Chill Thrills, Student Life

Graduating in the age of COVID-19

For graduating students, the opportunity to don a cap and gown and stand on a podium while family cheers you on is an important rite of passage. For the class of 2021, commencement ceremonies will look different than they did pre-pandemic. Instead of celebrating graduation with friends and family, this spring’s graduates will be watching their names flash across the computer screen at home. But COVID-19 does not mean students cannot celebrate––for this year’s graduating class, here are a few tips to have the perfect celebration from the comfort of home. 

Celebrate your last final

It’s officially over. After doing nothing but cramming for finals, presentations, and research papers, you deserve a celebration. While all the bars, clubs, restaurants, and basically anything fun are closed, there are still ways to have fun: Instead of drinking alone indoors, move the party with family outdoors to enjoy the warmer weather.

Pick an outfit

Wearing your favorite outfit, doing your hair, and putting on makeup can make graduation feel more authentic. But let’s be real—doing all that would take too much effort, and the daily uniform of sweats and unbrushed hair is much more comfortable. So feel free to change up the graduation traditions this year, and do what you’ve been doing all semester and keep your camera off.

Host a virtual graduation party

The parties and celebrations leading up to convocation are perhaps the rosiest part of graduation, allowing students to reflect on their experience at McGill through rose-coloured glasses and forget about all the tears shed in McLennan. Of course, COVID-19 means no more Grad Balls, but who needs them when you can coordinate your own virtual graduation party. Nothing screams party like seeing your friends’ faces crowded into your computer screen.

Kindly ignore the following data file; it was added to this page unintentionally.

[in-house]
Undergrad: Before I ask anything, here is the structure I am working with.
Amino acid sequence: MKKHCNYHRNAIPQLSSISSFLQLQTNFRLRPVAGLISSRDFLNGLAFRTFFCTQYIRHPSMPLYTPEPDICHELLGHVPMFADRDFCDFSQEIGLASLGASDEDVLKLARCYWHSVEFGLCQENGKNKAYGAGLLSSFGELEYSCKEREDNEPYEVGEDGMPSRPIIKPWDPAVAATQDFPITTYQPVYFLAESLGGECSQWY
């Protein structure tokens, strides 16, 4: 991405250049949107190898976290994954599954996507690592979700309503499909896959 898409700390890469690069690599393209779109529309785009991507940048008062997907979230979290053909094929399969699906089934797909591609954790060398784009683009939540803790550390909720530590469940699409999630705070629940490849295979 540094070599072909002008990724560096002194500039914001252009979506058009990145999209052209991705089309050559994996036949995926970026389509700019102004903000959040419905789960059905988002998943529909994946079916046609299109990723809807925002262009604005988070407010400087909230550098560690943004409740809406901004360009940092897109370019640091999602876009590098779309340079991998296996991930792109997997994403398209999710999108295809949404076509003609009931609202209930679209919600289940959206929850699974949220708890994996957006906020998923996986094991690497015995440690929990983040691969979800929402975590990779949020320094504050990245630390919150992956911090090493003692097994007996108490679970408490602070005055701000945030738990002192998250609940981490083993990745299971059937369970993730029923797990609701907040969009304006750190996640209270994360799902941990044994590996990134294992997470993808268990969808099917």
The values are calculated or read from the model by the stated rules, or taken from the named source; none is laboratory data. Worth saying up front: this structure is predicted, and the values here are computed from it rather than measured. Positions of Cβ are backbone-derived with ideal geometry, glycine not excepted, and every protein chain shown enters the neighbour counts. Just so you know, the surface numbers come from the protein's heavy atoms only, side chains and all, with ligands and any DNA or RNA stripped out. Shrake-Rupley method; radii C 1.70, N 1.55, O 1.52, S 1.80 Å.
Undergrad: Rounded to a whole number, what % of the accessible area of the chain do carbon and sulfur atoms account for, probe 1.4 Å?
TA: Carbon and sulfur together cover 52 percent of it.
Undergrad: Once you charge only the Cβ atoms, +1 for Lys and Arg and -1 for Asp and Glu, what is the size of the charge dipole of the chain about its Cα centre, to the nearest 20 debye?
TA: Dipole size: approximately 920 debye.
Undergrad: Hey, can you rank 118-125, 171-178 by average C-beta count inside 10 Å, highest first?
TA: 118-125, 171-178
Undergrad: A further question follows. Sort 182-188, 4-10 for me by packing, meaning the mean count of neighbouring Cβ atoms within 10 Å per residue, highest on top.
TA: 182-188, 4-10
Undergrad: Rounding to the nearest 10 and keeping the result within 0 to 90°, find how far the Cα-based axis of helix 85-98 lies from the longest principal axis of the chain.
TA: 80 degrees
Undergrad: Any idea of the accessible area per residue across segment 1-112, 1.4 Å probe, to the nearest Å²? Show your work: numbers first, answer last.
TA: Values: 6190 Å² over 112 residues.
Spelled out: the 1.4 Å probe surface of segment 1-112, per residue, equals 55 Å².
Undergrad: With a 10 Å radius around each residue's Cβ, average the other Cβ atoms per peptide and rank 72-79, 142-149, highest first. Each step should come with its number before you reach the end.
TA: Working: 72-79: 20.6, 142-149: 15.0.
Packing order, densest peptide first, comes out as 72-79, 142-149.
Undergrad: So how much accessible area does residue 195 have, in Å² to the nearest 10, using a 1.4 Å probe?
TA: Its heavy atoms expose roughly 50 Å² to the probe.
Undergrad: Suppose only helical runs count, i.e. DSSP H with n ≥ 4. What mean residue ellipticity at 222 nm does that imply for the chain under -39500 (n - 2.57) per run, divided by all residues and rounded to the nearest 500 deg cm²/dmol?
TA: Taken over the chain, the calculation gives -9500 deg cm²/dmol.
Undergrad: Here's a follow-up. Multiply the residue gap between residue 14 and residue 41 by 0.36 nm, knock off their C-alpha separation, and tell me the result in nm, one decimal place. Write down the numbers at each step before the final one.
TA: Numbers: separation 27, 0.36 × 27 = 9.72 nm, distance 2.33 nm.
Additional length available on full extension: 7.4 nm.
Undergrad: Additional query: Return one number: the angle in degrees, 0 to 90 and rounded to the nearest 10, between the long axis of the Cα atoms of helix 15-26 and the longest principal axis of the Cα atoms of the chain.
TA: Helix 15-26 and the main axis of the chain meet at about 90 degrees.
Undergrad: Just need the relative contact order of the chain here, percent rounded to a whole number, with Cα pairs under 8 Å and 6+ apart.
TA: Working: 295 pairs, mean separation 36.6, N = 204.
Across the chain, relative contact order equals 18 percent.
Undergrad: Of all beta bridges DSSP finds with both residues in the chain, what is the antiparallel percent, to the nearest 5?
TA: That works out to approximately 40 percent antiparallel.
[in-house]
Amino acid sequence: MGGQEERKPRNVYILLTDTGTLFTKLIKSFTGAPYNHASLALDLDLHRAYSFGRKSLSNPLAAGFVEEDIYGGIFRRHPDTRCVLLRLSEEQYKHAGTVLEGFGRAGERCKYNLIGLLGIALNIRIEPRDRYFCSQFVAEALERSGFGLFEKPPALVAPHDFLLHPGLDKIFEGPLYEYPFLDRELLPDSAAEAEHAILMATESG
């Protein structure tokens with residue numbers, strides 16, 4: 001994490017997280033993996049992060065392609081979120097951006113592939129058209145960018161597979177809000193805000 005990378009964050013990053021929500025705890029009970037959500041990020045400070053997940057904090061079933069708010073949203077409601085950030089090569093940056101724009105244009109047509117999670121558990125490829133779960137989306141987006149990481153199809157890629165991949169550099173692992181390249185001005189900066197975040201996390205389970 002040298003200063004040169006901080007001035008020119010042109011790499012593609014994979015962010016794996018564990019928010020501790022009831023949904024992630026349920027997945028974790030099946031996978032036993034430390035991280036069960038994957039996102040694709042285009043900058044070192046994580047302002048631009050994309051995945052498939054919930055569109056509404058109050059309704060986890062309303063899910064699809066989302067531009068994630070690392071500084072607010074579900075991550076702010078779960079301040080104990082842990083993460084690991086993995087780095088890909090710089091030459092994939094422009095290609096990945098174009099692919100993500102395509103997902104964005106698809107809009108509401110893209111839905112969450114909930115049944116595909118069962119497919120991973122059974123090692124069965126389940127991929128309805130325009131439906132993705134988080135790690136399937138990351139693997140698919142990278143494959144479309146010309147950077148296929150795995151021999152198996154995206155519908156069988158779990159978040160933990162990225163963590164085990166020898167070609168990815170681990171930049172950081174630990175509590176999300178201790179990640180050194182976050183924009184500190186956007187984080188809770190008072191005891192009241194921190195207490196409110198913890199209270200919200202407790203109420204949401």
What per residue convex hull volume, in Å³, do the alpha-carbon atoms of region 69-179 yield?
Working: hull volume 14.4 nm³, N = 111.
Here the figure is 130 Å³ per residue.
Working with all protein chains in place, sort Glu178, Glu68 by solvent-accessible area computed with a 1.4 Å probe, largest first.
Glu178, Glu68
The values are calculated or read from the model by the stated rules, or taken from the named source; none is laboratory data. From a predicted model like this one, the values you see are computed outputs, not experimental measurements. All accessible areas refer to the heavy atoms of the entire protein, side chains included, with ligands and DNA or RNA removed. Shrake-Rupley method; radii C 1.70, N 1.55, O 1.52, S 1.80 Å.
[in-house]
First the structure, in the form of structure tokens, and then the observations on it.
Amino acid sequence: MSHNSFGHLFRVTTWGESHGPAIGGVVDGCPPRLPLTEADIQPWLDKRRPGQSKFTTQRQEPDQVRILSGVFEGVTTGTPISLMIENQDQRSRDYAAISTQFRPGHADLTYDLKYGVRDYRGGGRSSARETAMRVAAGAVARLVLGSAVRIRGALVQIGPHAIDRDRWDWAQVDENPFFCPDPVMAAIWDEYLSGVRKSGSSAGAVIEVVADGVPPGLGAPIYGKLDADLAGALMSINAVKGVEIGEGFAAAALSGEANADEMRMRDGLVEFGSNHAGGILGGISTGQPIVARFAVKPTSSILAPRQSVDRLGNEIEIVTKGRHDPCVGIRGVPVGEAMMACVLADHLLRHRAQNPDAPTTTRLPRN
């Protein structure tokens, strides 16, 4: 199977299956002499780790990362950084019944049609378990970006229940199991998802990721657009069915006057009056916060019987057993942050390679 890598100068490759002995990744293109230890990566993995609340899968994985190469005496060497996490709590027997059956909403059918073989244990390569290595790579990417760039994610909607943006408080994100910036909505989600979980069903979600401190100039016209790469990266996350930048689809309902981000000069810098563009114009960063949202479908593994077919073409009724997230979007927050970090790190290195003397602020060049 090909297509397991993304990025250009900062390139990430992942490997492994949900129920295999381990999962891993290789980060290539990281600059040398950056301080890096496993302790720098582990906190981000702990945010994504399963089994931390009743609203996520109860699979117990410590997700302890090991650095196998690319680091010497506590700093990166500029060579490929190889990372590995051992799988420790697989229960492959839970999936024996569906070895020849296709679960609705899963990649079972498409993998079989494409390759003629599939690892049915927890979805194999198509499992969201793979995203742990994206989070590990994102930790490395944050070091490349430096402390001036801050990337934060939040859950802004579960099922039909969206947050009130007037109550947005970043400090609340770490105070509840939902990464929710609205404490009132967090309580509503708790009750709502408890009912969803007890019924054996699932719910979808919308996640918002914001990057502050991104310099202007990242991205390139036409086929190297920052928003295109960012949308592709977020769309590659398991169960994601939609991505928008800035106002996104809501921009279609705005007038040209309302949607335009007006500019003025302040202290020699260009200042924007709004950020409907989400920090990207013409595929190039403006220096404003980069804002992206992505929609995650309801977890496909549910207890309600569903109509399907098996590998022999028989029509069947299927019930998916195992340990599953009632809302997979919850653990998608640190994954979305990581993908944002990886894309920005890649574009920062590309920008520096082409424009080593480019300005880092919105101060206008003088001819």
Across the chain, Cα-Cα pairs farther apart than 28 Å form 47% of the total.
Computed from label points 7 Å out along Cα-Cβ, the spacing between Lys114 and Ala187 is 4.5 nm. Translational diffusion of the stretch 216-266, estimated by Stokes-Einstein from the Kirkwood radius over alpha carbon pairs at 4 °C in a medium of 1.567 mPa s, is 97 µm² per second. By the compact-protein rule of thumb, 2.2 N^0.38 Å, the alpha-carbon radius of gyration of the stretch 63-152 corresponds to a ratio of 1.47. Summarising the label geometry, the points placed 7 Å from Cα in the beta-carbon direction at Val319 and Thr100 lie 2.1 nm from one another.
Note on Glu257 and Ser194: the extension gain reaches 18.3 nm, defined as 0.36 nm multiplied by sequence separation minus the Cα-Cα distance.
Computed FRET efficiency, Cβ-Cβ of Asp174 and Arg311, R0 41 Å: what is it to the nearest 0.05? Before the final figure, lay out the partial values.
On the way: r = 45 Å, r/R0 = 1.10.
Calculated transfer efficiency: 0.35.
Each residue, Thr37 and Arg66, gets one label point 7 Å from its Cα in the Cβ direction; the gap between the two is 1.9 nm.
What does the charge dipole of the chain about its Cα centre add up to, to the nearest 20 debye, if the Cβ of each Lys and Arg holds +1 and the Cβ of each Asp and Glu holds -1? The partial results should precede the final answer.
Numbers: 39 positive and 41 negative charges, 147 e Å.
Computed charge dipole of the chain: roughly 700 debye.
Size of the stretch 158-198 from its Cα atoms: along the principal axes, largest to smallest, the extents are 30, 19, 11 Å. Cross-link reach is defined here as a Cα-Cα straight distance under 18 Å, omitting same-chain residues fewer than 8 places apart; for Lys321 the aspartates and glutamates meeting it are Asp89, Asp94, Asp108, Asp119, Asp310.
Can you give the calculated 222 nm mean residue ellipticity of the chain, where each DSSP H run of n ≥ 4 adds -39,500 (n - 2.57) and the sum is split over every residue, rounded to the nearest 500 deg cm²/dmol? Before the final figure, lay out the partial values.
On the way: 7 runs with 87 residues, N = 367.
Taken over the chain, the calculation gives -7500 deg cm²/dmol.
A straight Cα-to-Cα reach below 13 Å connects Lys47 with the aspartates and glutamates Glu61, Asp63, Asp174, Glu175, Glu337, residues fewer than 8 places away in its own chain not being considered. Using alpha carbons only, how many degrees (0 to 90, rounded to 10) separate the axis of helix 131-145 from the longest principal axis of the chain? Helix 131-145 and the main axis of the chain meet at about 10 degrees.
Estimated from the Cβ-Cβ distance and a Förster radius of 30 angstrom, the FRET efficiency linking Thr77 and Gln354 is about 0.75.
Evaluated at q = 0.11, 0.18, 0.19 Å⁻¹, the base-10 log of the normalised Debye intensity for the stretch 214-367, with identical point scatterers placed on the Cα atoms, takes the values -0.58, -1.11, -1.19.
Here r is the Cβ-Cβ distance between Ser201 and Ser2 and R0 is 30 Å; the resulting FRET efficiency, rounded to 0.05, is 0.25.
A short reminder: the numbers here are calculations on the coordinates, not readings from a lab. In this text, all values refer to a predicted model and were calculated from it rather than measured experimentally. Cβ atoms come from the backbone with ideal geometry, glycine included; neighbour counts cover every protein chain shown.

Show up on time

On graduation day, make sure to arrive on time to hear the commencement address. Unfortunately, if you live anywhere outside of the Eastern Time Zone, it may mean waking up at 4 a.m. to watch speakers try to figure out how to unmute themselves. If you find yourself busy on graduation day, you can always watch the recording later, just like how you’ve been doing for all of your classes. 

Have a photoshoot

Photos are undoubtedly the most important part of the graduation experience: Without a graduation picture on Instagram, did you even really graduate? But with no in-person ceremony this year, students will need to be creative with their pictures. If you’re a whiz at Photoshop, just insert yourself and your friends into some iconic McGill landmarks. Alternatively, you can take a more realistic grad photo. While you’re catching up on “Love is Blind,” throw on your cap and gown and take some portrait shots on your living room couch. After all, that is basically where you’ve attended school the past year. 


After the ceremony, grads typically go out to dinner with friends or family, where toasts are made, tears are shed, and drunken moments are shared on social media. There’s no reason why this year has to be any different. Make a toast to yourself in front of your bathroom mirror, cry at the thought of entering the workforce for the next 40 years of your life, and drink that wine, because you survived McGill.  

To say that this year did not go according to plan would be a gross understatement. Having missed out on many hallmark events and memories, it is only natural to feel a sense of sadness. Try and think about all of the things we gained from this unique experience, and share them with your friends, who might also be struggling to find the bright side. 

Congratulations to the class of 2021! We finally did it. 

Share this:

Leave a Comment

Your email address will not be published.


Read the latest issue

Read the latest issue